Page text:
The small business life is very cutthroat. You are constantly watching the market for innovation opportunities, monitoring your competition, and planning out your finances. And as nerve-wracking it is, it is also an exciting life, as you conquer the challenges set before you and grow your company to be bigger and better.
However, there comes a time in the life of most small businesses where a decision must be made: are we investing in going larger scale or are we not ready yet?
Leaping forward can be scary and doesn’t end well for everyone, but you can equally suffocate your business by keeping it limited by your scale and production, or service capacity. Though it’s inevitably a risk (as is having a small business in the first place), there are things that you can do to minimize it and the likelihood that you will not be able to recover if things don’t go as planned.
If you know that you want to take the next step and build your company, whether that means hiring a bigger team, buying equipment, or getting a new space to accommodate for your growing needs, you will likely need some money. Set aside money from your company’s profits to help ease that transition for you. It’s also good to have backup money in case things don’t go as planned to help your company to carry on as usual, without disrupting service for clients. Even if it is in the form of a loan, knowing that you can access money at a moment’s notice will give you confidence to try new things.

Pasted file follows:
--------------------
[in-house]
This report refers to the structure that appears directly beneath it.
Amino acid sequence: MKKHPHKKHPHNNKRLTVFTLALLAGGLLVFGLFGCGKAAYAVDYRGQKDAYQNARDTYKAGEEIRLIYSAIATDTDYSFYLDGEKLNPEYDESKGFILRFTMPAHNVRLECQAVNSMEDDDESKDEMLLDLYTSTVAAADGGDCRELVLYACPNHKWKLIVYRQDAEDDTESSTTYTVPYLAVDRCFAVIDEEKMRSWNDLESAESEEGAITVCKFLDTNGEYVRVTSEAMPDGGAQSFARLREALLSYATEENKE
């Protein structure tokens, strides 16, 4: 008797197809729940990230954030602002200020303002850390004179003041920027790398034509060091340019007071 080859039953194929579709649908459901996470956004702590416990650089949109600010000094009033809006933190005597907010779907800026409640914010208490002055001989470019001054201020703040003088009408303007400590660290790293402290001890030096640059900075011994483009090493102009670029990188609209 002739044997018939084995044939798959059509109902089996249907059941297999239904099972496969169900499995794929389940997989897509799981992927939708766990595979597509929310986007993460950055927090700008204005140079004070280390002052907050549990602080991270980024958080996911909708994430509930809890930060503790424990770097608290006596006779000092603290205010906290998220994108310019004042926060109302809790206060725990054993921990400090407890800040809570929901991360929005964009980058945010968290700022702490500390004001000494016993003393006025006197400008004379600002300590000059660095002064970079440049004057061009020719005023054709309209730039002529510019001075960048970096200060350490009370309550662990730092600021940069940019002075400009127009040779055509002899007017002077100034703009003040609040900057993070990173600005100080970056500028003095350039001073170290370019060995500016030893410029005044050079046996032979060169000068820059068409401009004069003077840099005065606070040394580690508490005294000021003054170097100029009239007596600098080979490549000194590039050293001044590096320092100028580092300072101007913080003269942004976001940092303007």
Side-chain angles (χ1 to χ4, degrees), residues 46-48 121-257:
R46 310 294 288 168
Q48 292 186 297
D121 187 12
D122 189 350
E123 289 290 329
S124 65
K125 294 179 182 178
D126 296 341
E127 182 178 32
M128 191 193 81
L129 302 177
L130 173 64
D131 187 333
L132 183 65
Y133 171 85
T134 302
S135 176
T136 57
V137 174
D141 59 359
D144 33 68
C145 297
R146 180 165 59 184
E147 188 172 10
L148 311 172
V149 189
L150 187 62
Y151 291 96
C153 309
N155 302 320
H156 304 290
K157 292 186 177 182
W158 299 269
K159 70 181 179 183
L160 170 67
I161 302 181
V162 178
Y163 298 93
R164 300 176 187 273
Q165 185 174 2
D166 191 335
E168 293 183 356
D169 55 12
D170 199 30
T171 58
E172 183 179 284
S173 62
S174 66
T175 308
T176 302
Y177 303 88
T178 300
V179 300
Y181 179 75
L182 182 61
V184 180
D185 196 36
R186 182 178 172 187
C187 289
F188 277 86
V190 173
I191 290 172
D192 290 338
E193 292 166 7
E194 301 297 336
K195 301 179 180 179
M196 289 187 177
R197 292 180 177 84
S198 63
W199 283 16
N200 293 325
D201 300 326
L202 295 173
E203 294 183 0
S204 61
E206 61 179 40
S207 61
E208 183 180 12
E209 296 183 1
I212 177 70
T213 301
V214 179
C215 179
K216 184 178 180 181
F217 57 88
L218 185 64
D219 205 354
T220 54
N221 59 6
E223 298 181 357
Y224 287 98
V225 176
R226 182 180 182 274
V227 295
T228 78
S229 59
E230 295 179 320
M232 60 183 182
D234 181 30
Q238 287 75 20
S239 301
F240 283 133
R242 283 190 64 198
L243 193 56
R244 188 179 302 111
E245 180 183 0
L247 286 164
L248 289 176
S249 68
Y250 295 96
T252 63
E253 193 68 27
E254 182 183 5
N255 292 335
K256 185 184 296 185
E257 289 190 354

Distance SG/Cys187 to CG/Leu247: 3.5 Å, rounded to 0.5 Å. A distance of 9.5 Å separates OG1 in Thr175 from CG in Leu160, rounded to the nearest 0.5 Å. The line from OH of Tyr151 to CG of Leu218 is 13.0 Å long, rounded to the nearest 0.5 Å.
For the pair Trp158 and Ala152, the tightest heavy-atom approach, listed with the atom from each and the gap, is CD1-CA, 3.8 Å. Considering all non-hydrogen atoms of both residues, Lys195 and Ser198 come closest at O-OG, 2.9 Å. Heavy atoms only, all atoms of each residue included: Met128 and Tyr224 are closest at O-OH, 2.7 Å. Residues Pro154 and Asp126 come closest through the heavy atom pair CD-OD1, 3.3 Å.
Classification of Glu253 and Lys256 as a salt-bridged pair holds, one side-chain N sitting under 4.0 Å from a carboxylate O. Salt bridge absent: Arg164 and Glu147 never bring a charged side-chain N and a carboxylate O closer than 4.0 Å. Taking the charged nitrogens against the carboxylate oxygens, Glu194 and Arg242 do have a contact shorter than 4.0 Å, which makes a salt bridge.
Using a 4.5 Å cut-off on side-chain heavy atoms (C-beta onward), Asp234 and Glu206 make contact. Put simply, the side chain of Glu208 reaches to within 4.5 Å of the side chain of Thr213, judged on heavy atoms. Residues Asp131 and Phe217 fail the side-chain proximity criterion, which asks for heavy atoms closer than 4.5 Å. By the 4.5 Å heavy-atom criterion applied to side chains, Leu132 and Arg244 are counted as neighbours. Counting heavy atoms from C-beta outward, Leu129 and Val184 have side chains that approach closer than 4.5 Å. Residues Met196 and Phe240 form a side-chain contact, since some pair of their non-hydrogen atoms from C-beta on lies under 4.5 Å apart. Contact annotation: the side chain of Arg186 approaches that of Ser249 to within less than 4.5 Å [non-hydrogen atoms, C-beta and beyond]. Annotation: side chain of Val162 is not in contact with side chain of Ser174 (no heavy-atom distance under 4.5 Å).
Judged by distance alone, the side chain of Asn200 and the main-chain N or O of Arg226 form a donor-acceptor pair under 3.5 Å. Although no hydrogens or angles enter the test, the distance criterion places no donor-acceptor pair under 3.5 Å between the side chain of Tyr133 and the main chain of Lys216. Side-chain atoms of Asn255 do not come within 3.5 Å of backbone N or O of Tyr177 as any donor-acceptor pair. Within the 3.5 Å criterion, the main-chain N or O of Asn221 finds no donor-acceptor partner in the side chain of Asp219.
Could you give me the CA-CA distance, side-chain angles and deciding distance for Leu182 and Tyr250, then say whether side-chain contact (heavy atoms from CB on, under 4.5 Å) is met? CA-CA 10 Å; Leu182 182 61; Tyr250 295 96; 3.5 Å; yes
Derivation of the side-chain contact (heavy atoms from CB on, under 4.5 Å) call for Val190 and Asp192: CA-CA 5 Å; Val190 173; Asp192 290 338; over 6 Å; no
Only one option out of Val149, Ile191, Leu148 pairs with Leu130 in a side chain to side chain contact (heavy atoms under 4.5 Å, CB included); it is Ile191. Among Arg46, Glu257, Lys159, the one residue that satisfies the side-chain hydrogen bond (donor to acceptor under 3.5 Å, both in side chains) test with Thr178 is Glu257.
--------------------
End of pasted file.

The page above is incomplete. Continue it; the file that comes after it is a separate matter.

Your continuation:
Budget in Some Cost Savings
It’s one thing to have money to work with, but it’s another to find room in your budget to save on these costs in order to minimize the amount that you will need to save or borrow in the first place. Save money with used industrial equipment, consider transitioning to a co-working space, renting before buying, or finding a way to keep the growth of your monthly costs as gradual as possible. Sometimes it takes a leap, but sometimes there’s a way to get more value without spending quite as much.
Many companies have been turning to crowdsourcing pages like Indigogo or Kickstarter to get their ideas off the ground. Sometimes it just about seeing that the interest is there and getting some pre-orders in to prove your concept. This also takes much of the risk out as you are getting the money upfront which you don’t have to give back with interest. Most of the time a small perk and the product are enough to incentivize your audience to pledge money. Keep in mind though that you will have to invest into some marketing to get your micro-investors interested in your product/service and want to be a part of your success story.
This sounds like a big, serious step and it is. But it’s also a very common one so you would not be the first one in this ring. Investors will not just give you money to work with, they often add value with their experience and counsel. Research your potential investors well and see what they can contribute apart from money, whether that’s networking, a publicity opportunity or industry connections that will allow you to score better contracts.
Taking your small business from a one-person operation to something more significant is an exciting but risky time. But remember, there is little to gain without risk and sometimes you need to cover your bases to allow you to bounce back in case you fall.